When the going gets tough…

When the going gets tough…

An ESL Teacher’s Perspective on our Current State of Events

by Jessica Gardner 



Being an ESL instructor just got a lot tougher. On top of all the challenges that our students, clients, and colleagues already face, they are now having to worry even more about being deported or harassed by those around them. It might be tempting for some of us to try to escape this mess – to pack up and go abroad for the next four years – but we have to resist that urge. We are needed more than ever to stand up for those currently under attack.


In the five years I’ve been teaching, I’ve already experienced countless touching moments of overcoming cultural barriers and building bridges, both in and out of the classroom. I remember having dinner with a couple of my Muslim students who shared how difficult it was to reconcile the American lifestyle they’d become accustomed to with their traditional beliefs. They wondered how they would live with that once they got back to Iraq. I also remember the time that my very low-beginner grad students got into a misunderstanding, and how sincerely one of the Chinese students apologized to her Iranian classmate, despite not having adequate language for it. I remember a first-semester Taiwanese student who likened me to a mother figure, and said his classmates were the children, just opening their eyes for the first time. I recall the many times students have taken me out to dinner or invited me into their homes to show their appreciation for me. I’ll never forget how worried I was about the Thai student who called me for advice after he was involved in a serious accident, or how moved I was by the student who gave me a big hug when I shared that my dad had cancer.


On an almost daily basis, I’ll encounter former students who wave or call out to me from down the hall or across the street. It warms my heart tremendously that we have built a connection that has lasted years after they leave my classroom. It’s a connection built on mutual respect and caring, and we need so much more of that right now.


I also remember all the people who went the extra mile to help me and be friendly when I spent a year teaching in Macau. When I arrived, I didn’t know anyone, and could speak neither Cantonese nor Portuguese. Time after time though, people helped me with what I needed – figuring out the bus system, buying household necessities, ordering food in restaurants, going to the doctor. Their kindness was amazing, and I’ll never forget it.


Living abroad gives you a different perspective on your country too. Sometimes you have to answer obnoxious questions like, “Does everyone in America own a gun?” or “Why did you elect The Terminator as your governor?” You see both the beauty and the ridiculousness of your culture in a new light. I have another strong memory of experiencing culture shock for the first time. I’d been in Macau for about four months, the holidays were approaching, and I was sitting in a cafe grading papers. They had soul music playing for some unusual reason, and it made me very emotional. In that moment, the spirit of the African American community was such a powerful reminder of both the great diversity and unfairness that is America. It overwhelmed me, and at the same time, made me incredibly homesick.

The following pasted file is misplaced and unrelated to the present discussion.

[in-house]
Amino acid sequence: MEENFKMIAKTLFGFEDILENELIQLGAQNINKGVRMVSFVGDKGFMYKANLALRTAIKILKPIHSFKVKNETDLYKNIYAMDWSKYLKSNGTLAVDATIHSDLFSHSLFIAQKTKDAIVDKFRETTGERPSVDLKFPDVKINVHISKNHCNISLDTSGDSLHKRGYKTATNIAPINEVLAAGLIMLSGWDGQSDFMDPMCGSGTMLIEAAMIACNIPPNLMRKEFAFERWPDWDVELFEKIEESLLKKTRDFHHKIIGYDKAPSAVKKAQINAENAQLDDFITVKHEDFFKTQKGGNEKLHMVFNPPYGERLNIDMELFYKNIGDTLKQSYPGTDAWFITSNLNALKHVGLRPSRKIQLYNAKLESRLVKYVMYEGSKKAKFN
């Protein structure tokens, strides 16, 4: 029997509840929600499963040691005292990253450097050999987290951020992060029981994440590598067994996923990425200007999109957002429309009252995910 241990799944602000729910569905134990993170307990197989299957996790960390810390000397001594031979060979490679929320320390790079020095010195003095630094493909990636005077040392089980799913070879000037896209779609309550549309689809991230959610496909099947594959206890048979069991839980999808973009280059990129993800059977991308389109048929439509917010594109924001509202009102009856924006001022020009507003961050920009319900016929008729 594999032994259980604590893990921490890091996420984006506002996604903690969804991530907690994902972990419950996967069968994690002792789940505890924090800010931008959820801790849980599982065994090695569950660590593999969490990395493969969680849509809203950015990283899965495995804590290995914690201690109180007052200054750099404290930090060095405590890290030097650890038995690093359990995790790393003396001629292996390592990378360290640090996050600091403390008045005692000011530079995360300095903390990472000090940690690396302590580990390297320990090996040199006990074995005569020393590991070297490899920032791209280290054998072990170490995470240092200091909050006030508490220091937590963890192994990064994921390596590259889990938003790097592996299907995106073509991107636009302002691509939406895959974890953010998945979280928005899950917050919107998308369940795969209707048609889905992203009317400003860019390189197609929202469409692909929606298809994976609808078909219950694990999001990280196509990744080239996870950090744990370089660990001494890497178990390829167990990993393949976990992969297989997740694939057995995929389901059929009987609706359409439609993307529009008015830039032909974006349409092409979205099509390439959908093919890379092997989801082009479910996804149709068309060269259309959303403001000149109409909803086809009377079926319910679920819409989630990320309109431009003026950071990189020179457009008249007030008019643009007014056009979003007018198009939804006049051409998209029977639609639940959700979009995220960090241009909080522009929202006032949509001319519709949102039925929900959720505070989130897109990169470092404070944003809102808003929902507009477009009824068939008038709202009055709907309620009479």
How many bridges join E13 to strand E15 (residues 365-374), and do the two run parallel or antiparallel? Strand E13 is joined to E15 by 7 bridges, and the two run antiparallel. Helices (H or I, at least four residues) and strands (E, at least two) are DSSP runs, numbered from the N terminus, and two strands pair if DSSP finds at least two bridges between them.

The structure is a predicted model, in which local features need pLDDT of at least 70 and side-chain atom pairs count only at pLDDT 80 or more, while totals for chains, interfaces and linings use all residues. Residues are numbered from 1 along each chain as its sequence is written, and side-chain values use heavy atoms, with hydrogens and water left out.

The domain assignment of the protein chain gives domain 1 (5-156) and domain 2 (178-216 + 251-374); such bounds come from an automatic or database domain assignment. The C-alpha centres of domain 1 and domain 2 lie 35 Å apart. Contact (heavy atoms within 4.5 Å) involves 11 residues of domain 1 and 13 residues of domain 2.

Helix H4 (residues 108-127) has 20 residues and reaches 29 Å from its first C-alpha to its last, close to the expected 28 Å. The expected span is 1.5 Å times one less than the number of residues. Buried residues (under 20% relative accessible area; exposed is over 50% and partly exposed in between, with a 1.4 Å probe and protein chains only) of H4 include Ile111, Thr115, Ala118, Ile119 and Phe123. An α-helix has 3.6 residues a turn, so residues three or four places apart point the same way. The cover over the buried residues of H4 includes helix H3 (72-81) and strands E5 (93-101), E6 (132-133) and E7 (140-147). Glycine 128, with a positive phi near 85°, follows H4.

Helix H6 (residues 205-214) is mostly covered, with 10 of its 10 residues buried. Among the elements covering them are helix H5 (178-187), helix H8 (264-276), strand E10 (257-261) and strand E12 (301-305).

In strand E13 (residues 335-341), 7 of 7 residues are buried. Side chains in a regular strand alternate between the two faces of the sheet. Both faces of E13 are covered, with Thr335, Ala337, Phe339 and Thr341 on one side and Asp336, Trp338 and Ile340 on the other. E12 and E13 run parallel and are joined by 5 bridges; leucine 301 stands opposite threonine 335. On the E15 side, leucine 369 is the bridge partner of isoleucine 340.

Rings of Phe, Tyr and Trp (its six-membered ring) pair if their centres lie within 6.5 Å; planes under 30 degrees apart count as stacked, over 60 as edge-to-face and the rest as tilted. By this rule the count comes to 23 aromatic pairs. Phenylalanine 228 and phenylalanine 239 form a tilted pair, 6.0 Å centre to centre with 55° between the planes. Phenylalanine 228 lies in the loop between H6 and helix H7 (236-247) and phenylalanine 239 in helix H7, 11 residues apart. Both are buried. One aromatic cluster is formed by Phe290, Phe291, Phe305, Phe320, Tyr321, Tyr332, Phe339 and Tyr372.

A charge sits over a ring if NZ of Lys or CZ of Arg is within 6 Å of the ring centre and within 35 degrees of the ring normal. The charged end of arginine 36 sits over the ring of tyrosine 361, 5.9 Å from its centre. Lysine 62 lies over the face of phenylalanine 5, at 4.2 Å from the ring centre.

I presume that most of the people who are currently speaking out against “foreigners,” in America and across the globe, don’t really know many of the people they’re afraid of. I’ve done some traveling, and in my experience, most people are wonderful – in every culture I’ve encountered. I see advocacy as a part of my job as an ESL instructor, so I find myself intervening on behalf of my students and people of “different” cultural backgrounds fairly often. More than any other reason – this is why we need to stay put. Our students and colleagues and friends and neighbors need us to stand up for them through whatever is coming. We can be the ones that raise awareness between cultural groups, and that is work that desperately needs to be done.


Living abroad is wonderful, and I hope everyone has the opportunity to experience it at some point in their lives. But please, stay here for now. Have courage. Rise to the challenge. Use your knowledge and talents for something bigger. Do what you can to help the people who may not have a voice. Encourage the people in power to experience and embrace other cultures. Since I’m an ESL teacher, I’m thinking primarily of people from other countries, but this is needed for the LGBTQ community, the Black Lives Matter movement, Muslims, veterans, refugees, you name it.


If you want specific suggestions for yourself or others, here are a handful:


  1. If there are people you don’t understand, first go to where they are.
  2. Look for ways to get to know them. Visit an ethnic restaurant and try the food. Go to a community event. Volunteer.
  3. Check out the art and music they make. Read a book by one of their authors. Look at photos of their country or community. Try to relate.
  4. Strike up conversations and be open to new ideas.
  5. Do some research and learn about their history and struggle.


But, whatever you do, do it here. We do need to make America great again, and the greatest thing about us is our diversity. It’s going to take all of us to turn this thing around, so don’t pack your bags yet. America still has the potential to be the amazing place we long for it to be, but it’s going to take some hard work to get there. Are you in?

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